A pileated woodpecker hammers on a dead tree, resonant as it never was in life. I watch ground fog form and dissipate into a clear dawn sky.
First one, then a second Carolina wren pops out from under the eaves, perches in the fretwork for a second, and flies off into the fog.
In the pre-dawn, Sunday-morning silence, the distant bellowing of a cow. A half moon glows through the fog — a thin milk.
Out of the darkness and fog before dawn, a sudden yelp. Only when it moves farther off am I able to place it: a raccoon. The newest tenant.
Rain and fog. Nuthatches, a wood pewee, the liquid song of a winter wren. Behind me, loud thumps from some large animal under the house.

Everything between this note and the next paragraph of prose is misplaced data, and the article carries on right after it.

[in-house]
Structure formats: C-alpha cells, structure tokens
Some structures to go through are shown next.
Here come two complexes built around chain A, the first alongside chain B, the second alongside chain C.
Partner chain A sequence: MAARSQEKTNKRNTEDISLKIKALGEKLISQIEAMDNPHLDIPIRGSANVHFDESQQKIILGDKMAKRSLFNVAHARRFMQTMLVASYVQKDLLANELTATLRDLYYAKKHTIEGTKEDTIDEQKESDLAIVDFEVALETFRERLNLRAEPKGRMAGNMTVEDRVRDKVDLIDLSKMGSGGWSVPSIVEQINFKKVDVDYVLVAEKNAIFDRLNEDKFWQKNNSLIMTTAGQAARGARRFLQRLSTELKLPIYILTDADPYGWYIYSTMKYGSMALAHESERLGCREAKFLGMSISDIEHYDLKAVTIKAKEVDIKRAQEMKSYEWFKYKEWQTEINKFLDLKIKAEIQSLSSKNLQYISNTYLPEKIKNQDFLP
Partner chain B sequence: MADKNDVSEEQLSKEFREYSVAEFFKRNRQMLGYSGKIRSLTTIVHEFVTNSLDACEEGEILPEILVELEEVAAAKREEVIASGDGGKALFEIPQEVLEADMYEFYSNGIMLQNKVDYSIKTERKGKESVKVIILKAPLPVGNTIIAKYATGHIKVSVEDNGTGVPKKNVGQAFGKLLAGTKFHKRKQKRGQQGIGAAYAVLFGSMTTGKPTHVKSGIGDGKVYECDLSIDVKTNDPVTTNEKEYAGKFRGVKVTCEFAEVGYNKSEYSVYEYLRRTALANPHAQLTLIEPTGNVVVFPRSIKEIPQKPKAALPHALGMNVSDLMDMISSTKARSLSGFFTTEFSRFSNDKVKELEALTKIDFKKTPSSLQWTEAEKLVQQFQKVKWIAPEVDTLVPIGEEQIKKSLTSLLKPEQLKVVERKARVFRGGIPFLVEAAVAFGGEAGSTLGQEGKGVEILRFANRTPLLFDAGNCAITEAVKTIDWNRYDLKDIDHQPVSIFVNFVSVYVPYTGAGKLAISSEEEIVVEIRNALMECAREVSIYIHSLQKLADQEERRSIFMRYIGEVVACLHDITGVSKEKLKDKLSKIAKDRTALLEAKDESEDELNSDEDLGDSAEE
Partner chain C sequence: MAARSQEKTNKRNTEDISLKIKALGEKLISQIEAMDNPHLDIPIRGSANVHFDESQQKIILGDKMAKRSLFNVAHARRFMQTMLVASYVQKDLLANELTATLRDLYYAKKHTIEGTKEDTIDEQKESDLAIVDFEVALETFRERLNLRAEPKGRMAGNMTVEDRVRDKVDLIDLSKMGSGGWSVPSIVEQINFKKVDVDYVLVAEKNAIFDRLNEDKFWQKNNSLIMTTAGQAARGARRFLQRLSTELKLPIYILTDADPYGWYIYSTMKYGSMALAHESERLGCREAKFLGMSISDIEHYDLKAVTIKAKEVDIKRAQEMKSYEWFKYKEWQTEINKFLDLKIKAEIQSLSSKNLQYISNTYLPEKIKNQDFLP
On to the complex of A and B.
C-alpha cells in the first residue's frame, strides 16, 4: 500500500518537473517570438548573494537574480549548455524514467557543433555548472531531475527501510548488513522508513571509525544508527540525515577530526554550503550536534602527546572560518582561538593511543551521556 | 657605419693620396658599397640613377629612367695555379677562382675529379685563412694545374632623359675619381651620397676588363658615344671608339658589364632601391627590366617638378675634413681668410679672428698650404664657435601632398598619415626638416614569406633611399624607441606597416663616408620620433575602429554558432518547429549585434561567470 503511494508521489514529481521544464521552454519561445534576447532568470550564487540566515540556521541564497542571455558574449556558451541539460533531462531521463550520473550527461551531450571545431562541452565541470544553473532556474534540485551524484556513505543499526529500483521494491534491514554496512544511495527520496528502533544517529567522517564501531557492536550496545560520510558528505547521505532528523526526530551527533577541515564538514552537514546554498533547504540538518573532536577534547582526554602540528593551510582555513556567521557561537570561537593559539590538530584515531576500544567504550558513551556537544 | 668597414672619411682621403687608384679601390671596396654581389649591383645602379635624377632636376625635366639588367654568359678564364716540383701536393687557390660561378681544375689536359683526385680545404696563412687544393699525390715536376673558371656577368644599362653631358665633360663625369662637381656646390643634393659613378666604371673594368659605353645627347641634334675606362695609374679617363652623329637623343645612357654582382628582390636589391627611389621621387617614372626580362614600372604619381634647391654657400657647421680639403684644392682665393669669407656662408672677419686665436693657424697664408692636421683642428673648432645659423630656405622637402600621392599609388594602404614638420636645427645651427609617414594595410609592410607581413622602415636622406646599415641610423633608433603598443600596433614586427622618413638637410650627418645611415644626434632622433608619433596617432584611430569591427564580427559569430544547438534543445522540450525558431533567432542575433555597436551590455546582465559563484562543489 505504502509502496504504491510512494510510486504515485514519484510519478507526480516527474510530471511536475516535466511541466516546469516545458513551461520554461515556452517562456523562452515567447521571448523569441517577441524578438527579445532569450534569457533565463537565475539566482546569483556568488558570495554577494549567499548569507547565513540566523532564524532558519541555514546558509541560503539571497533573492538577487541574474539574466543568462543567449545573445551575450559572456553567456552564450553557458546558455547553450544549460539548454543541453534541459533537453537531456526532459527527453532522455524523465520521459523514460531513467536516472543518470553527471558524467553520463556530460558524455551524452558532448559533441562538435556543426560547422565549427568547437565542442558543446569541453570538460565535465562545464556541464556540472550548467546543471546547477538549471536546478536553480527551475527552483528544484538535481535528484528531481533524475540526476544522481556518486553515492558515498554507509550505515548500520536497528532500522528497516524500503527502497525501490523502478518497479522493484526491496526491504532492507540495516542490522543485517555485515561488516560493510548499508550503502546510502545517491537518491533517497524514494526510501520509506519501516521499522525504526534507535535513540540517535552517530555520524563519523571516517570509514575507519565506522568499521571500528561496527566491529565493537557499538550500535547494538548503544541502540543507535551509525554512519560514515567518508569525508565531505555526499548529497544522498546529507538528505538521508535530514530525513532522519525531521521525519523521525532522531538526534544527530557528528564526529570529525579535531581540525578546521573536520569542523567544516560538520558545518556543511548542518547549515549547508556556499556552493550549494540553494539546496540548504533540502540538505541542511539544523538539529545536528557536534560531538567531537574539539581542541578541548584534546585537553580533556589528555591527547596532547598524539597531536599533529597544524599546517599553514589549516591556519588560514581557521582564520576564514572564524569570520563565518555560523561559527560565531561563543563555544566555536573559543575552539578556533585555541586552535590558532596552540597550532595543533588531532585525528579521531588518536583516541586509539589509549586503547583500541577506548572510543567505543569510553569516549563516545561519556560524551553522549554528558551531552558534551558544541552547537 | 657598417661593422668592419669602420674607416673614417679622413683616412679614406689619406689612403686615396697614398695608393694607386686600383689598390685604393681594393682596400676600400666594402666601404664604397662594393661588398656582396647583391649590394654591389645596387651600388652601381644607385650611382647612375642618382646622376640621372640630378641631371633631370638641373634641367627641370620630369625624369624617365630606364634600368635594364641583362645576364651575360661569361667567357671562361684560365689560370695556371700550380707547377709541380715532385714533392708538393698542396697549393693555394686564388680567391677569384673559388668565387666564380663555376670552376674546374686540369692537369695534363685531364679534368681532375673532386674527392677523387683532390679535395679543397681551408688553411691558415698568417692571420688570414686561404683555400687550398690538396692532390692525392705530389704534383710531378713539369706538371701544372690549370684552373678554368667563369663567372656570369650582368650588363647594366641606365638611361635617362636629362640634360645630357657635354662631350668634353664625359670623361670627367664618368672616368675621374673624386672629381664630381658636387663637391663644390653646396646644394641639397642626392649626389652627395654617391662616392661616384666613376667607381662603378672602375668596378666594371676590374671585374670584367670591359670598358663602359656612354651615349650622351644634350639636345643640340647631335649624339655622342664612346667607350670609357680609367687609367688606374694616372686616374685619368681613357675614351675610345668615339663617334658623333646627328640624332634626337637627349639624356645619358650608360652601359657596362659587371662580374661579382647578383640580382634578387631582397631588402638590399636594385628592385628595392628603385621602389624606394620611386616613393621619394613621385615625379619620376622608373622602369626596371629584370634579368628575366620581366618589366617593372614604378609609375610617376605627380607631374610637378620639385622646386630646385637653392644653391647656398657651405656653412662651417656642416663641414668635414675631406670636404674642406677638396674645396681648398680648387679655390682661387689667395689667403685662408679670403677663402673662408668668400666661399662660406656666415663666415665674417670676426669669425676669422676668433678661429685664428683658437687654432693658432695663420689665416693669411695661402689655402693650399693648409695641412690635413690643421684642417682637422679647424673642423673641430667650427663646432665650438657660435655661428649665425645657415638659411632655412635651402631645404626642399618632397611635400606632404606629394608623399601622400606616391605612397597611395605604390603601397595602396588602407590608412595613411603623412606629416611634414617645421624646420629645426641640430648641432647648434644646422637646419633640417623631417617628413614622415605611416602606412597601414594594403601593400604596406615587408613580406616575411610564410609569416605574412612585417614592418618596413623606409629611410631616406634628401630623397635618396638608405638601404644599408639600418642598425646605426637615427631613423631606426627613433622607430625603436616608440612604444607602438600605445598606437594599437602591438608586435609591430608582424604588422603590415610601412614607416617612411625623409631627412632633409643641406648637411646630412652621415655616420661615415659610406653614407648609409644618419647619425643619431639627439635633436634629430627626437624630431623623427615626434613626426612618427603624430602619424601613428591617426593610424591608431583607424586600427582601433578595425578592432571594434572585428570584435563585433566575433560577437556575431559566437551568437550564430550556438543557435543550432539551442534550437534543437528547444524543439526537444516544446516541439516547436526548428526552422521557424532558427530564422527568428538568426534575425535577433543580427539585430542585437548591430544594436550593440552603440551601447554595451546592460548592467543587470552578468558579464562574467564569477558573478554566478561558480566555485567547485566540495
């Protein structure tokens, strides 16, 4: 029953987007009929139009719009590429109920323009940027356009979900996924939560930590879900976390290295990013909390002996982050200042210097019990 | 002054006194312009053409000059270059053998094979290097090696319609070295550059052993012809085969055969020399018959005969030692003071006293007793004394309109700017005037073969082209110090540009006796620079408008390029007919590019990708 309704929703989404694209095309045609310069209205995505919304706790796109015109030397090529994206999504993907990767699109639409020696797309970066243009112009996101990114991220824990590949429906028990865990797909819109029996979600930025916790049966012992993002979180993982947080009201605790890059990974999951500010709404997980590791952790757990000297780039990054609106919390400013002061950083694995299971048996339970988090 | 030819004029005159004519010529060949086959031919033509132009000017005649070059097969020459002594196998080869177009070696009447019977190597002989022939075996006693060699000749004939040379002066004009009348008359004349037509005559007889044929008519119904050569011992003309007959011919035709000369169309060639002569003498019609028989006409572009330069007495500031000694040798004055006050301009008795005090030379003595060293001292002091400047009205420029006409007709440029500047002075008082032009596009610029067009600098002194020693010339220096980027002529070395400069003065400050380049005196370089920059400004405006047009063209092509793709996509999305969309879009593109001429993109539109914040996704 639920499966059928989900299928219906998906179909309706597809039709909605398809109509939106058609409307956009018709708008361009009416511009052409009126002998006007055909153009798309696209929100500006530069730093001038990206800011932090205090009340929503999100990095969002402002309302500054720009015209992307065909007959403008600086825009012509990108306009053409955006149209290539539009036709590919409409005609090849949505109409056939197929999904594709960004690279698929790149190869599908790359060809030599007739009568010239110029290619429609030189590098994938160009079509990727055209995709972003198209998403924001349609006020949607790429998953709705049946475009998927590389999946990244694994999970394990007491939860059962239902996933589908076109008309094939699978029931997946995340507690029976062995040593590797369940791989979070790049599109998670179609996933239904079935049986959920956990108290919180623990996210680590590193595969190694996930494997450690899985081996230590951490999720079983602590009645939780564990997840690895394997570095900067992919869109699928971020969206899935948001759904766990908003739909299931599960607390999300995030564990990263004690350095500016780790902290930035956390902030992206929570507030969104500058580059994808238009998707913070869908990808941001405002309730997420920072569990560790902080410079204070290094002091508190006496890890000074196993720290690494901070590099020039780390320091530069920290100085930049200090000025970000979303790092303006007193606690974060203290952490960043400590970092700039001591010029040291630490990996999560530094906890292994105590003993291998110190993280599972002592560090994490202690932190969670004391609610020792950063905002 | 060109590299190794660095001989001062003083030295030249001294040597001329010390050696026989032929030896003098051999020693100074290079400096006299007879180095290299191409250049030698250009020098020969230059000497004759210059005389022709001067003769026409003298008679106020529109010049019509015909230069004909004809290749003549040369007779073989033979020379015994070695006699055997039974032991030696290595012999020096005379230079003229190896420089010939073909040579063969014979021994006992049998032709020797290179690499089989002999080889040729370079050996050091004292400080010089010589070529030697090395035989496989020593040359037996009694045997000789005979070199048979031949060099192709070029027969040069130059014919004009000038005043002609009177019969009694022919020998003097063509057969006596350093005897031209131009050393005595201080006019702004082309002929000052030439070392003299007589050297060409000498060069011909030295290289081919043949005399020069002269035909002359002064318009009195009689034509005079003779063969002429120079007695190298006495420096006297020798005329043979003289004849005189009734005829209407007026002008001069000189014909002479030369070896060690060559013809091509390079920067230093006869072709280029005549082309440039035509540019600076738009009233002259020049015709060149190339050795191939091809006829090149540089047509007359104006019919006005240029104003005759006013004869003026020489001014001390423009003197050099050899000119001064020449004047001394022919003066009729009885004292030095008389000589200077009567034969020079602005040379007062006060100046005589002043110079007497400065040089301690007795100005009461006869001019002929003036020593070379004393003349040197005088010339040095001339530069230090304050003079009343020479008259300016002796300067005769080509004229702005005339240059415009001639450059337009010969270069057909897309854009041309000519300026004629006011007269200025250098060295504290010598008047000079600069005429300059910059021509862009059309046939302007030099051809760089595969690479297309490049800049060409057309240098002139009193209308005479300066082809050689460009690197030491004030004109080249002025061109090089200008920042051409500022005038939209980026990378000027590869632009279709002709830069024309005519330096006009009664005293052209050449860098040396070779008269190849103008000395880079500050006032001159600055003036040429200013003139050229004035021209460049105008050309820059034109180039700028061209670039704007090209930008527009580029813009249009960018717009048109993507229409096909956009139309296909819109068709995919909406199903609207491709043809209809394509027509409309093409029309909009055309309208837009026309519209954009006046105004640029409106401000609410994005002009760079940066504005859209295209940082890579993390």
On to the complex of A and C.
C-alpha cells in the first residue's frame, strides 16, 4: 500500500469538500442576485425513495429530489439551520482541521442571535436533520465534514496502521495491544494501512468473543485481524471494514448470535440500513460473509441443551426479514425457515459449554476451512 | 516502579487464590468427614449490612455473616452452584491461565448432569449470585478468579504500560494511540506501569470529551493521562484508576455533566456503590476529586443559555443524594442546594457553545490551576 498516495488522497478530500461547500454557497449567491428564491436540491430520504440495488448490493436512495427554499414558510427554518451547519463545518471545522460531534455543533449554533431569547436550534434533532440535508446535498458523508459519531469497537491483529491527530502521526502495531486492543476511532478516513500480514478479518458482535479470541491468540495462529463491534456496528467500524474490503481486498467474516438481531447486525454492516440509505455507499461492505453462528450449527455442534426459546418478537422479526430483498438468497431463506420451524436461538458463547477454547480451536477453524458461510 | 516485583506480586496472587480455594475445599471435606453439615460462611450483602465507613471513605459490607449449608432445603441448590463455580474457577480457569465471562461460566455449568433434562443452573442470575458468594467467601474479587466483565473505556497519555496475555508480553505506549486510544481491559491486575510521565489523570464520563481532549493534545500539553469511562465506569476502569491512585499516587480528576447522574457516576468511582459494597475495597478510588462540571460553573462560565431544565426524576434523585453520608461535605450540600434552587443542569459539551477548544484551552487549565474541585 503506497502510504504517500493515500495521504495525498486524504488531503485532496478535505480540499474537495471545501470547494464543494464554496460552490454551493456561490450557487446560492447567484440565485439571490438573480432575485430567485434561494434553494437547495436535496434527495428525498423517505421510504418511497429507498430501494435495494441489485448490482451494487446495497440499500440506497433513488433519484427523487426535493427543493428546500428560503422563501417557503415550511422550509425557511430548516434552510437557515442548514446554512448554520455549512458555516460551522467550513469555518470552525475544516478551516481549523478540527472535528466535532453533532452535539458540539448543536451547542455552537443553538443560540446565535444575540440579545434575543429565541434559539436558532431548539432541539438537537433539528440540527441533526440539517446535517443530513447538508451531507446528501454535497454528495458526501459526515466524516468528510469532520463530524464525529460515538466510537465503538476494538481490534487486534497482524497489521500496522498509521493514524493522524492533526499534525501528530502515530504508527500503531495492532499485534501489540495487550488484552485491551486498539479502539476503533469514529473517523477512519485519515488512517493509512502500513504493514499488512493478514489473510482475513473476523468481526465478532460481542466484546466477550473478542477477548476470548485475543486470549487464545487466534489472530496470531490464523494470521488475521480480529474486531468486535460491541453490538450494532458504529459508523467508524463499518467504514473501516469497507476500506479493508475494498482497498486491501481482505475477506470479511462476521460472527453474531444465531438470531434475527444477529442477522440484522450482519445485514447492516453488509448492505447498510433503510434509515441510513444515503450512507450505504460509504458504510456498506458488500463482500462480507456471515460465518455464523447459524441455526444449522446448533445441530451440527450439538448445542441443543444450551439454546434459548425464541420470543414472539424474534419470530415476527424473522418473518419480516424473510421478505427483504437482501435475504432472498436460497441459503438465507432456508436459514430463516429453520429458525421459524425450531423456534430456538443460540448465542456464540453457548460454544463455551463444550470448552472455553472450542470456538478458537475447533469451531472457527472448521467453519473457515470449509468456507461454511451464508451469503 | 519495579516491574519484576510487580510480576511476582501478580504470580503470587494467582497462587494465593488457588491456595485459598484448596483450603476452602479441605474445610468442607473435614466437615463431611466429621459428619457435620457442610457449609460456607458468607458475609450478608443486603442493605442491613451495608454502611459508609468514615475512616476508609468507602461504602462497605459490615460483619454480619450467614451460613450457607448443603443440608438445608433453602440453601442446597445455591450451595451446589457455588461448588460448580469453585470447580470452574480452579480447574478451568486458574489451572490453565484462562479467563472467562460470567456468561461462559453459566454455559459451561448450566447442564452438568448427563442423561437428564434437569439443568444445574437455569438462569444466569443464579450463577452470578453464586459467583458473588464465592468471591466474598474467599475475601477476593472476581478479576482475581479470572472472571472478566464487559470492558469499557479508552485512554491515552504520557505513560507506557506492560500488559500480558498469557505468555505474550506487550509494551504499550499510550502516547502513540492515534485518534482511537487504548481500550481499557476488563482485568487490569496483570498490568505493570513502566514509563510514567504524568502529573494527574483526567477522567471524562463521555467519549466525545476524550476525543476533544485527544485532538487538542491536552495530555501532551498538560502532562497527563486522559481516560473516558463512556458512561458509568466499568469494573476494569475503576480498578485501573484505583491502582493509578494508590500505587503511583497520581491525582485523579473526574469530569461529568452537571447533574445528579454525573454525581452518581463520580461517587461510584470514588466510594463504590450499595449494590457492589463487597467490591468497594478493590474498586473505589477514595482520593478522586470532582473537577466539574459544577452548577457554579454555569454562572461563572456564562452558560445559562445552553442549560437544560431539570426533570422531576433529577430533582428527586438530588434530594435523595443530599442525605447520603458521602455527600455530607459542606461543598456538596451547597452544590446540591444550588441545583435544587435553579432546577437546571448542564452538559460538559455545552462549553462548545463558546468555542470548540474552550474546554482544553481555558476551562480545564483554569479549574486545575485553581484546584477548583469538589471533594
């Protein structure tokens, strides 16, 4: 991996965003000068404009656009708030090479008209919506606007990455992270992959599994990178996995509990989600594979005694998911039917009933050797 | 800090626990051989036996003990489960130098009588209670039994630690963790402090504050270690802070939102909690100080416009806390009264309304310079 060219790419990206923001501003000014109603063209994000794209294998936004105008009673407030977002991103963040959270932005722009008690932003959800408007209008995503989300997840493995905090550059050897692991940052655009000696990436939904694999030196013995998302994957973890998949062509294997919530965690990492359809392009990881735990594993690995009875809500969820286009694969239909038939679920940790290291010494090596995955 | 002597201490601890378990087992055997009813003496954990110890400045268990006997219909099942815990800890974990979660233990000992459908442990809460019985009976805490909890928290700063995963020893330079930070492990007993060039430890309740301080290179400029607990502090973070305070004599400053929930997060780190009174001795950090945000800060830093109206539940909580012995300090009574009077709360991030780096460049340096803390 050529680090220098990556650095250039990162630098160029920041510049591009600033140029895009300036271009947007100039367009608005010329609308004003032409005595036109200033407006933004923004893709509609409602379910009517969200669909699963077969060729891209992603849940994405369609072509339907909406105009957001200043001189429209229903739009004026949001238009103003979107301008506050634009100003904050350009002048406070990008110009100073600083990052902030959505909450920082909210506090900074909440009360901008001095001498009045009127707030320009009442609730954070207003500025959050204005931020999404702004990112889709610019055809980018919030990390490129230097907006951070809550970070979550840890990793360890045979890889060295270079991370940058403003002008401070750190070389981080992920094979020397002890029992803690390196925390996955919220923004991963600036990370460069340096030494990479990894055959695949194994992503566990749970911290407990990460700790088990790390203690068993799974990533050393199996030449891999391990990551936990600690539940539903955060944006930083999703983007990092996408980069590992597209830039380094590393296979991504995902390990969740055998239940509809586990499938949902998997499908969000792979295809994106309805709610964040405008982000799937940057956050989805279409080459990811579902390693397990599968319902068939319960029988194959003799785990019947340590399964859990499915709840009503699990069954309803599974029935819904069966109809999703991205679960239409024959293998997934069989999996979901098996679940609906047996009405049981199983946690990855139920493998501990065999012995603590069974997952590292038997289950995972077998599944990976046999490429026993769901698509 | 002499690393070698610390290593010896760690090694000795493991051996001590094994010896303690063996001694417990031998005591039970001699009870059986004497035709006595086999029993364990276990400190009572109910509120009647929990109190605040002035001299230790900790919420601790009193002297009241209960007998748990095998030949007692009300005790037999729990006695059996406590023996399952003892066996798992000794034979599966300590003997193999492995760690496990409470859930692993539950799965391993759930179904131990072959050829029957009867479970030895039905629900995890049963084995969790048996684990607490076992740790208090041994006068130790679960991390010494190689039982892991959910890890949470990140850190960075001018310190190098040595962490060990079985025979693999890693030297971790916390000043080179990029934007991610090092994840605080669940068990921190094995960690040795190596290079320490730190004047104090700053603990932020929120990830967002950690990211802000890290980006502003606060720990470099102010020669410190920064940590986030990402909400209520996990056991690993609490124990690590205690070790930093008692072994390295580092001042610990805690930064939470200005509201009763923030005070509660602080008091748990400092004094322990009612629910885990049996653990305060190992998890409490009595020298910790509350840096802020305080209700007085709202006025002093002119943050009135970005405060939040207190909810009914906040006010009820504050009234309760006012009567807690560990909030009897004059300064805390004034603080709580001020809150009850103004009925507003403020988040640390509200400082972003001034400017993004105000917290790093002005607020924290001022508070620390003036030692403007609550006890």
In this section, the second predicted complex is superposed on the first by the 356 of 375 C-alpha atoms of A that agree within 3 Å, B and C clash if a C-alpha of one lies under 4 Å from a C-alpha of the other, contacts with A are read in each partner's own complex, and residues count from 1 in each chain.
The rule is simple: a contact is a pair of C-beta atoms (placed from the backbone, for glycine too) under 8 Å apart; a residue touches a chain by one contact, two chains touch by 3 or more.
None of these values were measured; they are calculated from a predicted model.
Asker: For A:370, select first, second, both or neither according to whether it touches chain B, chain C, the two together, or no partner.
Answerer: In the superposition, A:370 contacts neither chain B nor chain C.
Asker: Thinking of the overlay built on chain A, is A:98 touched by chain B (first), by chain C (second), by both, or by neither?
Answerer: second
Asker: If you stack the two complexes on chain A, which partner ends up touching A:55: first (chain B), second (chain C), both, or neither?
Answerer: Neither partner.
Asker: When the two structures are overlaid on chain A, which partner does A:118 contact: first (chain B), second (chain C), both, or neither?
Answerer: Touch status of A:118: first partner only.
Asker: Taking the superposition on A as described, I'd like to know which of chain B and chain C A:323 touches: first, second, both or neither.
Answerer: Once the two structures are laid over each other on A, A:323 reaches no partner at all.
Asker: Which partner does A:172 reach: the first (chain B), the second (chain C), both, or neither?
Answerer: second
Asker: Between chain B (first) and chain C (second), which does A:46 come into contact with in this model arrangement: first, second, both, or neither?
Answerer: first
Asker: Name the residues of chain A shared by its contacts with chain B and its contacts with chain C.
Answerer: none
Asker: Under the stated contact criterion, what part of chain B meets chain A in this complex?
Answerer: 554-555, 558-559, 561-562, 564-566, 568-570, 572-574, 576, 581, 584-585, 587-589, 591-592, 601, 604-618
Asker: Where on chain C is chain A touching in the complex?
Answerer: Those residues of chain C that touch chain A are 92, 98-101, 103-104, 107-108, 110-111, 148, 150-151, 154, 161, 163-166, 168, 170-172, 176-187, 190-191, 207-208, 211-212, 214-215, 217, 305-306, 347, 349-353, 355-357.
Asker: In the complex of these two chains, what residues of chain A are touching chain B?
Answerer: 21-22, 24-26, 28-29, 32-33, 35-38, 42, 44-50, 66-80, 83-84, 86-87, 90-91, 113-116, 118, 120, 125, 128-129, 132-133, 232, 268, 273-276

The little wood satyr I first spotted yesterday flutters up from the side garden, yellow-rimmed eyespots like dim headlights in the fog.
Foggy morning. A short-lived bright period brings a faint sound of traffic from I-99. I hear the hummingbird’s small motor in the garden.
Somewhere in the fog, a red-winged blackbird, a pair of mourning doves, a robin, a flock of finches. Half an hour later, nothing but rain.
Thick fog blanks everything but the noise from the highway—this could be New Jersey. Rain beads on the branches of the ornamental cherry.
Hours of hard rain have brought out the green in tree trunks and branches, in laurel leaves, in moss. Even the fog has a slight green cast.